Later, timpani were adopted into other classical music ensembles such as concert bands. In the 1970s, marching bands and drum and bugle corps, which evolved both from traditional marching bands and concert bands, began to include marching timpani. Each player carried a single drum, which was tuned by a hand crank. Marching timpani were heavy and awkward to play, as the drumhead was almost at the player's chest. Often, during intricate passages, all the timpani players would put their drums on the ground, and they would be played more like conventional timpani. In the early 1980s, Drum Corps International, a drum corps governing body, allowed timpani and other percussion instruments to be grounded. This was the beginning of the end for marching timpani: Eventually, standard concert timpani found their way onto the football field as part of the marching band's front ensemble, and marching timpani fell out of common usage.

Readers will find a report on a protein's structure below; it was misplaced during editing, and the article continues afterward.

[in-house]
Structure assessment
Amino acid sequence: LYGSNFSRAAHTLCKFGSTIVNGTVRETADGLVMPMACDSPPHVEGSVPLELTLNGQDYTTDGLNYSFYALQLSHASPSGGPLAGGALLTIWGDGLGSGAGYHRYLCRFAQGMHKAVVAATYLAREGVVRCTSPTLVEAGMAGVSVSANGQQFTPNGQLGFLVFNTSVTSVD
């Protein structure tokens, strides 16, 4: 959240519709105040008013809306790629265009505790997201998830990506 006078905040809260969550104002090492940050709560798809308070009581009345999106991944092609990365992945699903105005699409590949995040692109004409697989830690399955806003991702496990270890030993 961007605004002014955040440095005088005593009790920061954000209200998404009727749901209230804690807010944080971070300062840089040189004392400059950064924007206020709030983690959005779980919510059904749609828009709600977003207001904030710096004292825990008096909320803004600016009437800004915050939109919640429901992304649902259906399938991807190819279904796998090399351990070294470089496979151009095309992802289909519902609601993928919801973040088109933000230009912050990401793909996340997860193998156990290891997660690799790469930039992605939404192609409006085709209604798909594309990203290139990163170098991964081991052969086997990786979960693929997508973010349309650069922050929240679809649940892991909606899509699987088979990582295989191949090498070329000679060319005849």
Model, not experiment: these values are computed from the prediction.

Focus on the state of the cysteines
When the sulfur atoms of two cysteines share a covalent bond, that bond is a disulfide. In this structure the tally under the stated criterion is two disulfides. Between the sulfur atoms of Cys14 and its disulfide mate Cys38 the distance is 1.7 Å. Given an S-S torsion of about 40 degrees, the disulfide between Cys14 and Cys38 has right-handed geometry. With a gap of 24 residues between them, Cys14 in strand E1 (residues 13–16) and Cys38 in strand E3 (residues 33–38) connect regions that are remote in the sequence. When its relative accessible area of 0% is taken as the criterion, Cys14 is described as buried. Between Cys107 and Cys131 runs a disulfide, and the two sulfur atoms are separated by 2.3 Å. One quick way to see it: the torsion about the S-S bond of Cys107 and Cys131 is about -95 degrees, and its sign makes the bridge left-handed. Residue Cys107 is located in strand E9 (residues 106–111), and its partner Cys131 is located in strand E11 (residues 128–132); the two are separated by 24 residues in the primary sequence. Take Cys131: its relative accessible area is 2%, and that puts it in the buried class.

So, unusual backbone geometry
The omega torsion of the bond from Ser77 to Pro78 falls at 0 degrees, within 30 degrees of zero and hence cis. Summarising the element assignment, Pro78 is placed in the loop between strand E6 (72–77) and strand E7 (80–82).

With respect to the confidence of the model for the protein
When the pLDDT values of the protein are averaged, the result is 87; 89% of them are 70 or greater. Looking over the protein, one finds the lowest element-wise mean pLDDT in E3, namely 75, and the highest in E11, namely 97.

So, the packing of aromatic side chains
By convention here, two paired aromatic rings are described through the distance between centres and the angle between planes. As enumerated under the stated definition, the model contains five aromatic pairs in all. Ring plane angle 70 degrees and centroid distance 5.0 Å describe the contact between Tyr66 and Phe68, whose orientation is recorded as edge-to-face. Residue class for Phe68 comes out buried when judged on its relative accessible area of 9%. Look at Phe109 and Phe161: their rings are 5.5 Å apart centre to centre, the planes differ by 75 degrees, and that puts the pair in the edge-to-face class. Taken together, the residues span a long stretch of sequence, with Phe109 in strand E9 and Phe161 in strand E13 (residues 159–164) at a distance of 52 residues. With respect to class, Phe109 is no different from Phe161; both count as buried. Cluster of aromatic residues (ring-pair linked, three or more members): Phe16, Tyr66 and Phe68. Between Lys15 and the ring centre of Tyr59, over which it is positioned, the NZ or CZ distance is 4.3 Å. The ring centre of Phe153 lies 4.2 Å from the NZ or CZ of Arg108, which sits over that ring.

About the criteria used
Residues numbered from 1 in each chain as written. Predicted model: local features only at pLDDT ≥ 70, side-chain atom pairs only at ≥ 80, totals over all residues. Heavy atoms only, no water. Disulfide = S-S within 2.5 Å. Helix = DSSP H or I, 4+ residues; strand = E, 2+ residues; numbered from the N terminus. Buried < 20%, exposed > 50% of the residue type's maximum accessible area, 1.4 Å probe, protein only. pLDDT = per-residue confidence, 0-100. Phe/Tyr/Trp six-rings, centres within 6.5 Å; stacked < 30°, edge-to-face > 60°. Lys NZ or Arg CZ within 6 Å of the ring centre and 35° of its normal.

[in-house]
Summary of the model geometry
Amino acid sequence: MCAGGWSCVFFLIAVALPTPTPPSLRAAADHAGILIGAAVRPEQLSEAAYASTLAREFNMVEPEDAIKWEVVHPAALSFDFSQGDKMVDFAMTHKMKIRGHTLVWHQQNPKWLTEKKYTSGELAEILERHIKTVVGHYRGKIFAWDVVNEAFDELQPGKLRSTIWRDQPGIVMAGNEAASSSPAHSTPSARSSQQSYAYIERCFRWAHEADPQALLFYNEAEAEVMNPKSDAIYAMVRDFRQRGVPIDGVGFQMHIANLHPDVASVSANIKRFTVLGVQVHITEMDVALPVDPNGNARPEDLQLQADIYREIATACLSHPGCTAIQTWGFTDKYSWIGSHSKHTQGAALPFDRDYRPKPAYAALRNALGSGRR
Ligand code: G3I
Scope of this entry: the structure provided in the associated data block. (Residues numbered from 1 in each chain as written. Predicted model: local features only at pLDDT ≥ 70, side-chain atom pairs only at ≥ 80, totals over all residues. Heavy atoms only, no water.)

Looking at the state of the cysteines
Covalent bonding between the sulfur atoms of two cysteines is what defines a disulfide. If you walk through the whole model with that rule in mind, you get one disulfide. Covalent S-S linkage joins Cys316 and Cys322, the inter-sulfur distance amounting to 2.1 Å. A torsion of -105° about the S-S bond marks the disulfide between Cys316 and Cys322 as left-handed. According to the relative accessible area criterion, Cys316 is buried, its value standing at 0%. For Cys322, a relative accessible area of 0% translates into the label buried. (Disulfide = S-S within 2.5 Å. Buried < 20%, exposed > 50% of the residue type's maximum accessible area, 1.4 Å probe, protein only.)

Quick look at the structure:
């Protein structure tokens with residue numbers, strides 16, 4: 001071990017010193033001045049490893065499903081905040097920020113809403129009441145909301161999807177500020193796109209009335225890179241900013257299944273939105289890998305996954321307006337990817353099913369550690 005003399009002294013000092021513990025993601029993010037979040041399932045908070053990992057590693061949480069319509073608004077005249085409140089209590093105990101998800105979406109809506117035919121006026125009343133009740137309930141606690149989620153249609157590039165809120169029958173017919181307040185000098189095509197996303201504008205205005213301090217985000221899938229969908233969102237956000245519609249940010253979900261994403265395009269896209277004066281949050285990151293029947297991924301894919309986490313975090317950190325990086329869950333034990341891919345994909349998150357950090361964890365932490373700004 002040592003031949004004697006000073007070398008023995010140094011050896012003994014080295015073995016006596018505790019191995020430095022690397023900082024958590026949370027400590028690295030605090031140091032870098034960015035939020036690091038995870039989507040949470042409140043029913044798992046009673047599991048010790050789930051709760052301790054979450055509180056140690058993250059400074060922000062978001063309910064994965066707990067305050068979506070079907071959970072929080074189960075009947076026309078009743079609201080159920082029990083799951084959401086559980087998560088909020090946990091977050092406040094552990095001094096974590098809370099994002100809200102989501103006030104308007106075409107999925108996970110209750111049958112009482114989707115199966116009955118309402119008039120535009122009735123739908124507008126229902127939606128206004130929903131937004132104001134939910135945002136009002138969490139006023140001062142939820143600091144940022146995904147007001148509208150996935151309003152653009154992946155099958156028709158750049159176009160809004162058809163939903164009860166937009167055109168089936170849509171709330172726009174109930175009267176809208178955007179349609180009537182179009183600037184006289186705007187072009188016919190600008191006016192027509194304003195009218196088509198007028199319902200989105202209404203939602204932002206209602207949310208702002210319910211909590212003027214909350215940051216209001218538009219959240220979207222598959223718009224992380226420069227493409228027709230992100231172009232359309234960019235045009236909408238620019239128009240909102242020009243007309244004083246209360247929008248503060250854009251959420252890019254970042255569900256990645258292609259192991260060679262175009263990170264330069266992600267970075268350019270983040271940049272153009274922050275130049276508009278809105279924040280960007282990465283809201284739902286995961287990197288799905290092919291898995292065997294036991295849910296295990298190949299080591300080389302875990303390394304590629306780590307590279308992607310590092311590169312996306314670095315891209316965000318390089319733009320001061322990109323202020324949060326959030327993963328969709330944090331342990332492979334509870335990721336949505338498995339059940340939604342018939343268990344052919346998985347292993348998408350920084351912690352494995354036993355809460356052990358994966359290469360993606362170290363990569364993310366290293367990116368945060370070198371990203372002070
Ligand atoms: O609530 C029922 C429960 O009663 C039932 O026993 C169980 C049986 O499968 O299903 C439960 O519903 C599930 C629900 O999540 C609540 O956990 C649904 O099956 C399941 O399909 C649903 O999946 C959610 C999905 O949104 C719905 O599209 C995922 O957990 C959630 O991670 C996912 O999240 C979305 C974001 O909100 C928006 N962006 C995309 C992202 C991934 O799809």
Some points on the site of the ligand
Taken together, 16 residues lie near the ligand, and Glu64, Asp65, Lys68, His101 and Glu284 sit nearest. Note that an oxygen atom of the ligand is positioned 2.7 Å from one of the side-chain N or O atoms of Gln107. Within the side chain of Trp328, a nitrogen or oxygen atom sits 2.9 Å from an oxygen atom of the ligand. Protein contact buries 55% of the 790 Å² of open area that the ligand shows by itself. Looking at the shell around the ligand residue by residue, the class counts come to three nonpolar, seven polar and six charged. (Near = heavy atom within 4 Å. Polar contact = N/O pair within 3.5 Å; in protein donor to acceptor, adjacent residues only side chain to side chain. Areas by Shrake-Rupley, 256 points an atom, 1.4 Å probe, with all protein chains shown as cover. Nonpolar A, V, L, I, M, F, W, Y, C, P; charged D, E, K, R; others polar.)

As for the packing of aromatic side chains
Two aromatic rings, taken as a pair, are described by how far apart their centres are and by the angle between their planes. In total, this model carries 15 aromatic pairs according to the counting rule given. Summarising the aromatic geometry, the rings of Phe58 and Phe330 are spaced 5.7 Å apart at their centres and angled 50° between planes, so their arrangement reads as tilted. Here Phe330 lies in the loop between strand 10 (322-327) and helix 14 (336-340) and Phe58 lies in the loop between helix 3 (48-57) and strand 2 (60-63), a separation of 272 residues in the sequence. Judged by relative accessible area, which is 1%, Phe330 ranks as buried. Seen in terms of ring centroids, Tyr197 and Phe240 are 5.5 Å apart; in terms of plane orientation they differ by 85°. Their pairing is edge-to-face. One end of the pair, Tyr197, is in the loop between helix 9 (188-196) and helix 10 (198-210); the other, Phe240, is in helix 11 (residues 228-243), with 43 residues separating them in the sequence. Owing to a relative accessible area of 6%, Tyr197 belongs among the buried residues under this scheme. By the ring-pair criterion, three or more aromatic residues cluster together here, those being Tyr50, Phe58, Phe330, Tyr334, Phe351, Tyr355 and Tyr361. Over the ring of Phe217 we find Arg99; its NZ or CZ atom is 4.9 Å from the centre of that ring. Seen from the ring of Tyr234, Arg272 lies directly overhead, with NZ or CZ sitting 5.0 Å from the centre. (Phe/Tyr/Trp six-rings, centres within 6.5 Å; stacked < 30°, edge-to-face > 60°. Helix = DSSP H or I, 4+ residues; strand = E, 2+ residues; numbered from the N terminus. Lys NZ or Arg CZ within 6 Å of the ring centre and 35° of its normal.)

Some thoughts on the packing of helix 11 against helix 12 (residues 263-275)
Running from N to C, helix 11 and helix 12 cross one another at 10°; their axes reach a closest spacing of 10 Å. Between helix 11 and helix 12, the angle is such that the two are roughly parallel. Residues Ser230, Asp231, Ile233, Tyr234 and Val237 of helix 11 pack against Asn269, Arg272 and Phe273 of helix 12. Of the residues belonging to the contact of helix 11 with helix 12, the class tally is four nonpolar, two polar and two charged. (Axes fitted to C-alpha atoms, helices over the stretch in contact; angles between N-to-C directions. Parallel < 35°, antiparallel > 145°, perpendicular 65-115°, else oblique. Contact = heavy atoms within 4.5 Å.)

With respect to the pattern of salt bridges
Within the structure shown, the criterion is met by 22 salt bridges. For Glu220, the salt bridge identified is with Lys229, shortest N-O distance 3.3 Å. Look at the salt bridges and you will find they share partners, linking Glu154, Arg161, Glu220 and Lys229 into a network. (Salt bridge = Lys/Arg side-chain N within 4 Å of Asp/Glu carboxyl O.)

As rock and roll bands started seeking to diversify their sound, timpani found their way into the studio. In 1964, Ringo Starr played timpani on the song "Every Little Thing" from The Beatles album Beatles for Sale. Beginning in 1969, John Bonham employed timpani both in the studio and onstage with the release of the debut Led Zeppelin album Led Zeppelin 1. Early in the next decade, progressive rock bands began utilizing all sorts of percussion instruments, including timpani. Mike Oldfield's 1973 album Tubular Bells featured timpani along with other percussion instruments that were traditionally part of the orchestra.

Jazz musicians also experimented with timpani. In 1964, Elvin Jones incorporated timpani into his drum kit on John Coltrane's four-part composition A Love Supreme.

As of 2005, Jonathan Haas is one of the few timpanists who is solely a soloist – he does not hold a regular seat with an ensemble. Haas, who began his career as a solo timpanist in 1980, is notable for performing music from many genres including jazz, rock, and classical. In fact, he released an album with a rather unconventional jazz band called Johnny H. and the Prisoners of Swing.

Related topics